INDOOR THERMAL COMFORT & VENTILATION
Maintaining a comfortable indoor climate is important for the health and comfort of workers, as well as ensuring optimum work performance. These guidelines provide some information about the optimum conditions and what can be done locally to improve comfort levels in relatively warm or cool indoor areas.
This information is supplementary to the Air Conditioning Policy published by Campus Infrastructure Services.
The optimal conditions for indoor work environments are outlined below.
- Temperature range 20-26 degrees Celsius (depending on the time of year)
- Humidity range 40-60%
- Minimum recommended fresh air rate 10 Litres per second (L/s) per person or 10 L/s per 10 m2 for mechanical ventilation systems
- Optimum air movement 0.1-0.2 m/s (air-conditioned space).
Typically staff and student concerns about indoor thermal comfort occur in areas that are poorly ventilated and/or inadequately shaded from sunlight. Individual thermal comfort can also be affected by physical exertion, crowded working areas and some medical conditions.
Thermal comfort is determined by subjective judgment, and even in optimal conditions some individuals may experience discomfort.
When conditions differ from those listed above, productivity and efficiency are likely to be adversely affected. Lowered concentration due to discomfort can lead to an increased risk of accidents.
- Hot and humid conditions can lead to dehydration.
- Insufficient ventilation (supply of fresh air) can result in a build up of carbon dioxide levels that can result in occupants feeling tired and complaining of stuffiness.
- Too much ventilation, e.g. air movement faster than 0.2 m/s, may result in some staff complaining of the cold due to noticeable draughts.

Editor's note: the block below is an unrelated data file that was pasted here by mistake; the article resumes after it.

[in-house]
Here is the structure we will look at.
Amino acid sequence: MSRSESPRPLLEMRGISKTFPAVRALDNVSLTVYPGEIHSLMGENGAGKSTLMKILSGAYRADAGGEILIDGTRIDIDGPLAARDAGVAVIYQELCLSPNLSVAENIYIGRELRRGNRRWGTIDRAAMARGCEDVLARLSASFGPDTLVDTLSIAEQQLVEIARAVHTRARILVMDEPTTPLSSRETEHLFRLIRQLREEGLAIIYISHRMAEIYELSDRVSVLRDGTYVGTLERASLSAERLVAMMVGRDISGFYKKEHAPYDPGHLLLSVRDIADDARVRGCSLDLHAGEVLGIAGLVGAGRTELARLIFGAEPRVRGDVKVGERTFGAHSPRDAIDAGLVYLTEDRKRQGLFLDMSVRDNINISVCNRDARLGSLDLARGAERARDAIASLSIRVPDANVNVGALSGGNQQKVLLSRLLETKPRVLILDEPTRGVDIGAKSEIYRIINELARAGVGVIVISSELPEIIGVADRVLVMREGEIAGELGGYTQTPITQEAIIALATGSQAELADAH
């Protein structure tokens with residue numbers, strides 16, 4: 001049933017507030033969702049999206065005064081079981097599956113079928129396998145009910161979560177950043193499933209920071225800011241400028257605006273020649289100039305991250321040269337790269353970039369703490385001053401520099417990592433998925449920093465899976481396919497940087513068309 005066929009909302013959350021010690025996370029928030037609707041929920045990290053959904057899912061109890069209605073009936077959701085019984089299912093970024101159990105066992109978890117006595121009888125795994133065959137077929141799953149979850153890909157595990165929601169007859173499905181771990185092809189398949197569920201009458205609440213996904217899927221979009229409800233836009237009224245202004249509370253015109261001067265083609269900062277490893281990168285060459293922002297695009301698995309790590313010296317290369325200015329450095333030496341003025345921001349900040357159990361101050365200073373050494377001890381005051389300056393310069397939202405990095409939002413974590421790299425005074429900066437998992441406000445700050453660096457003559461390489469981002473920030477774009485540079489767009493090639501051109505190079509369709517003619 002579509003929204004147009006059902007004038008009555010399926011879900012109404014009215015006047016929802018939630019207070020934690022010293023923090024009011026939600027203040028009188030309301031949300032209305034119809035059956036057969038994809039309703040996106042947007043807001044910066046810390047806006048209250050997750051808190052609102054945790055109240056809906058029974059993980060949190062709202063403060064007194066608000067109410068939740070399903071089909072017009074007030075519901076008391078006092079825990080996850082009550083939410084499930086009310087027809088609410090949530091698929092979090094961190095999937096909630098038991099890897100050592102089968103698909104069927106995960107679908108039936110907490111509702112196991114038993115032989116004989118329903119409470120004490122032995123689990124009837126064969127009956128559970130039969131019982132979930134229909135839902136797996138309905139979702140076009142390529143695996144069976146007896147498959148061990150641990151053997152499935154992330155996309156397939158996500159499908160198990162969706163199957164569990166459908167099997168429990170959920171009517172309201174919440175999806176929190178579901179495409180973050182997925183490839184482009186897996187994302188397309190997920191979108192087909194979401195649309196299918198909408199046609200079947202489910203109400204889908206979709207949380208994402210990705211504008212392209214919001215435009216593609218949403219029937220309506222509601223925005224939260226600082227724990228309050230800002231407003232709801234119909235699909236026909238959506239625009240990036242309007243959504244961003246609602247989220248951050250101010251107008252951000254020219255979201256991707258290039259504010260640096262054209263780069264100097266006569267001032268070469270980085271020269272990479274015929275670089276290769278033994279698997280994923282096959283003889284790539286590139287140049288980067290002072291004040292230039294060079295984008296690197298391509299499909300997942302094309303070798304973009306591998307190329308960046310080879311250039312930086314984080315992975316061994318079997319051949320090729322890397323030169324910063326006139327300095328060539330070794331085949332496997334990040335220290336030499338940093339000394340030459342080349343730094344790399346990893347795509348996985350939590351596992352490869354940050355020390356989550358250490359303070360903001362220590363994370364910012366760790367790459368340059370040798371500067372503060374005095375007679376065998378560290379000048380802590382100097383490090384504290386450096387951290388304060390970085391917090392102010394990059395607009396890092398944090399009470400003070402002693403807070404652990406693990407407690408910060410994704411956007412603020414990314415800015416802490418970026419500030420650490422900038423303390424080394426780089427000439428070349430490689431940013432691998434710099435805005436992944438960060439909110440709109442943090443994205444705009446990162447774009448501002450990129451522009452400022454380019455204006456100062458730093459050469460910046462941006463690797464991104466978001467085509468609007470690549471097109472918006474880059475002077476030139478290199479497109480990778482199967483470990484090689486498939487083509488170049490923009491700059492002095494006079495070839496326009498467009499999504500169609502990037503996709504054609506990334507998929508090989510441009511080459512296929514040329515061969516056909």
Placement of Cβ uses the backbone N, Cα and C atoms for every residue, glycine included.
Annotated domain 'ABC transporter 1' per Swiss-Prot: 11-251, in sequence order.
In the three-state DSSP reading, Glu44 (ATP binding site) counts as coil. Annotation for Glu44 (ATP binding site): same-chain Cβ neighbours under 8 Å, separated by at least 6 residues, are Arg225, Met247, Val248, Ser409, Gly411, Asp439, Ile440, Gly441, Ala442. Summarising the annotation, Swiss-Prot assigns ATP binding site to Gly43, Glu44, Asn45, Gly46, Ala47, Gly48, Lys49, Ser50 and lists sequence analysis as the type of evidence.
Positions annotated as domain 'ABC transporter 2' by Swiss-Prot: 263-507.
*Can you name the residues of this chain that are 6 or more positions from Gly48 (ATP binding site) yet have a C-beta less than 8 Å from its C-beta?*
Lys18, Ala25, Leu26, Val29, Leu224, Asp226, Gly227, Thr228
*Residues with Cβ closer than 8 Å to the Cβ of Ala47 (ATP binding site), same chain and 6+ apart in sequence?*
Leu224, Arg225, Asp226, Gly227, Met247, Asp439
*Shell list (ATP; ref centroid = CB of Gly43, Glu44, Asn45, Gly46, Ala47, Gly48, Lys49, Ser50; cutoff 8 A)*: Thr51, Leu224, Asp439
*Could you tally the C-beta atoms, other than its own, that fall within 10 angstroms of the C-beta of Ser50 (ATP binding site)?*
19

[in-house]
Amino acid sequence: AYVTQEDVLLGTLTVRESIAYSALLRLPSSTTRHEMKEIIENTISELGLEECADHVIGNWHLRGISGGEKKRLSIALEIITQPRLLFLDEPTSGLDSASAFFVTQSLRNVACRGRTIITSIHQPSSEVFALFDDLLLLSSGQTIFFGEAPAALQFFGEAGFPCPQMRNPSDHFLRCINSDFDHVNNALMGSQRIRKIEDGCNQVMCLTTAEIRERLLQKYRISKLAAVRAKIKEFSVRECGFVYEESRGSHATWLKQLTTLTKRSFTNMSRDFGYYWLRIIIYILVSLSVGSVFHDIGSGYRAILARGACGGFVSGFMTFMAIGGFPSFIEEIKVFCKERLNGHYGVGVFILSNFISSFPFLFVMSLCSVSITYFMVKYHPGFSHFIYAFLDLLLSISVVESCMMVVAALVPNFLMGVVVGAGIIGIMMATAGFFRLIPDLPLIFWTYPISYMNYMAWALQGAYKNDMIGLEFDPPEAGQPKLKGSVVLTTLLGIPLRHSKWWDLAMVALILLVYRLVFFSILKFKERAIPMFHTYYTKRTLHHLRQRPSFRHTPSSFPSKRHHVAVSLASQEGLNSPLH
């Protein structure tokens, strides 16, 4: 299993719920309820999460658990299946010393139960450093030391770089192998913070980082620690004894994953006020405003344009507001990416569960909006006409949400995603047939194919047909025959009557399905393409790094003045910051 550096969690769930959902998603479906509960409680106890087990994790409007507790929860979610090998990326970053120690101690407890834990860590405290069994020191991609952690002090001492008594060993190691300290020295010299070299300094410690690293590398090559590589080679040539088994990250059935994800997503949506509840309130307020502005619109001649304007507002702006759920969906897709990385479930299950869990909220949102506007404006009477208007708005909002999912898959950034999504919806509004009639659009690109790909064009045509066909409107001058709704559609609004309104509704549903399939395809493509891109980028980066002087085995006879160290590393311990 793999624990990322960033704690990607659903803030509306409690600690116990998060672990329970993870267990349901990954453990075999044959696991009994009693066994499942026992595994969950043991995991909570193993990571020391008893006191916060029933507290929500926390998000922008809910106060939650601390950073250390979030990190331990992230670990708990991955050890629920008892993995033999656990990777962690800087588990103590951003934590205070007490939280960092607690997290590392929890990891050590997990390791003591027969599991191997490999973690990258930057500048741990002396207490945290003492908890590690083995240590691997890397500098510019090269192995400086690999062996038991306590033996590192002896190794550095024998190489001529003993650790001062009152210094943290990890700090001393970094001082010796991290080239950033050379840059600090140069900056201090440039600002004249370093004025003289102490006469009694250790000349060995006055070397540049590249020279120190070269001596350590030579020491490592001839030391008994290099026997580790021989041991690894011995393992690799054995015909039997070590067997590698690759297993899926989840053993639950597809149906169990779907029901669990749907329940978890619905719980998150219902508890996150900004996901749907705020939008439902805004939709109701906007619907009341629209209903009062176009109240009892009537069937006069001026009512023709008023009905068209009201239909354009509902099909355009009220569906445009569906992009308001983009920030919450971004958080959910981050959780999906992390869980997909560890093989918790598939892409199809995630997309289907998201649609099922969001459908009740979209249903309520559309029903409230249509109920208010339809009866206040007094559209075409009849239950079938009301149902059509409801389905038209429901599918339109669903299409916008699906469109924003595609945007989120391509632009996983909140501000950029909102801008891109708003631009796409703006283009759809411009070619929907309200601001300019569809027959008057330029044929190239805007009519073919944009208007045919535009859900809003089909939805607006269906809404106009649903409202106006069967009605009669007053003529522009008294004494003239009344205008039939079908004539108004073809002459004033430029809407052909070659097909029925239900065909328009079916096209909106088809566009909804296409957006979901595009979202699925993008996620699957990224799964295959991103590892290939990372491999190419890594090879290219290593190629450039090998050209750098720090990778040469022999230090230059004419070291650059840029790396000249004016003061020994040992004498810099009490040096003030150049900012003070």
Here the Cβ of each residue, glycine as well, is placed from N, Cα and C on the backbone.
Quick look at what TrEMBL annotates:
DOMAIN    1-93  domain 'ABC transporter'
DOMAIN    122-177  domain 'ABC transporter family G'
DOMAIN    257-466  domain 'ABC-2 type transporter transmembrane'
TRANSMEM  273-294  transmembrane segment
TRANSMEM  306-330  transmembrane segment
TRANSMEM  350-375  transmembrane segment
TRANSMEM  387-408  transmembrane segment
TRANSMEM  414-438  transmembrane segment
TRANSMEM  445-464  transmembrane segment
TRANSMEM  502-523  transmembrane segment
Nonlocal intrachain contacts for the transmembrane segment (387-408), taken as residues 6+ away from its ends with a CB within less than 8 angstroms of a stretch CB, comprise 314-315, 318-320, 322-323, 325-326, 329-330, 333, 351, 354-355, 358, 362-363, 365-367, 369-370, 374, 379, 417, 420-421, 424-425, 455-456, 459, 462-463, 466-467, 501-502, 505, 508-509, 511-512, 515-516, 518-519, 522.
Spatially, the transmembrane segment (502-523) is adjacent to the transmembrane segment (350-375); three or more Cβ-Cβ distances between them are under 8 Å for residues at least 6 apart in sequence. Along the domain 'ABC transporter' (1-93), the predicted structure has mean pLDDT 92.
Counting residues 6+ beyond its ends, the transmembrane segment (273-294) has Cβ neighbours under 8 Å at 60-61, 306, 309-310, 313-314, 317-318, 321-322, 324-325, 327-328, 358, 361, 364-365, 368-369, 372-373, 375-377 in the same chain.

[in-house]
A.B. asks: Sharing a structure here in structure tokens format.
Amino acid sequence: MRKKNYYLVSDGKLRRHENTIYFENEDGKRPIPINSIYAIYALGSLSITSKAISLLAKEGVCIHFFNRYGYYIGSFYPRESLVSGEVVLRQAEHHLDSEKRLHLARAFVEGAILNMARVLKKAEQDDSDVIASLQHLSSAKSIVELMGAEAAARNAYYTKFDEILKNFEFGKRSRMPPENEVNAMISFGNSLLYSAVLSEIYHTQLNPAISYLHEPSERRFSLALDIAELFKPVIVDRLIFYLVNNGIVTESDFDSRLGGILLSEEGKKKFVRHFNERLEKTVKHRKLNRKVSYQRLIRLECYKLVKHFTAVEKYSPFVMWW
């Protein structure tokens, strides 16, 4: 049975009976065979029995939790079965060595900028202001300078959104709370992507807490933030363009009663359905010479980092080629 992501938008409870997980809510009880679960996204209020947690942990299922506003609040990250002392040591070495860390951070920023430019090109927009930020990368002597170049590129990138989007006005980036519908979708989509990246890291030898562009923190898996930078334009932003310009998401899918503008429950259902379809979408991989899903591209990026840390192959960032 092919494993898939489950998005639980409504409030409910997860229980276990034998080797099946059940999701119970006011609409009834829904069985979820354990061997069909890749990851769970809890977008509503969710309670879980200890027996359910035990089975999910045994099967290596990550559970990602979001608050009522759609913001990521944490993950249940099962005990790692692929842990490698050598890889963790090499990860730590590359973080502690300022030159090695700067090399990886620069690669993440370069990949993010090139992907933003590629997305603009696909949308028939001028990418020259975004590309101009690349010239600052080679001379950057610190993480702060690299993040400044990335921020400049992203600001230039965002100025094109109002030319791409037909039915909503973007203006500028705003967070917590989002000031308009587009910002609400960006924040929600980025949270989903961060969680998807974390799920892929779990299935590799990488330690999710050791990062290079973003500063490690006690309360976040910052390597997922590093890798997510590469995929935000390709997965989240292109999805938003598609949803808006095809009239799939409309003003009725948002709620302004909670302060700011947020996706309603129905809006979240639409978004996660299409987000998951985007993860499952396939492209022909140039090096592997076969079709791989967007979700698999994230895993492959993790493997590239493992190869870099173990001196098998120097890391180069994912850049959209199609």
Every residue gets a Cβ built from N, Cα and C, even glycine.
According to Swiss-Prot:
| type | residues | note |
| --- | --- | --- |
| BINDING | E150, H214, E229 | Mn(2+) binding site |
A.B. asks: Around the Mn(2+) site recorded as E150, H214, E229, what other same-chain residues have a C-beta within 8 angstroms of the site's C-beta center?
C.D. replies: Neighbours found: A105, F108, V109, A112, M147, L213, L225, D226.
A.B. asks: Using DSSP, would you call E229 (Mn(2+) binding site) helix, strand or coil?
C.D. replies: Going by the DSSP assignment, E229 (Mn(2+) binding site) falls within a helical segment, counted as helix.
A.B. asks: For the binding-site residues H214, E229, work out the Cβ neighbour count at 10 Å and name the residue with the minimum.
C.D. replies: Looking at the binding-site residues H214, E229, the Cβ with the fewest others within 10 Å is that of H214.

- Low humidity can cause dryness of the eyes, nose and throat.
- High humidity results in rapid fatigue.
Risk controls for hot & humid conditions
- Use blinds and curtains to minimise sunlight penetration into the workplace.
- Optimise air movement by using a fan.
- Wear appropriate clothing.
- Drink plenty of cool water at regular intervals.
- Negotiate with local management for staff and students to take breaks in cooler and/or less humid areas or transfer some work to cooler and/or less humid areas.
- Careful consideration must be given to the organisation of physically demanding work and work that involves safety-critical tasks.
Risk controls for cooler conditions
- Wear appropriate clothing such as wool or other insulating clothing, but ensure it is not too bulky to interfere with work activities.
- Move around the work area and engage in active tasks as physical activity naturally generates bodily warmth
- Use effective room heaters in non air-conditioned areas - see the Guidelines for Room Heaters.
If you have concerns about thermal comfort or ventillation, discuss the issue with your supervisor.
In air-conditioned areas, report operational problems to Campus Infrastructure Services.
- WorkCover NSW - Code of Practice - Managing the Work Environment and Facilities
- AS1668.2 - The use of ventilation and air-conditioning in buildings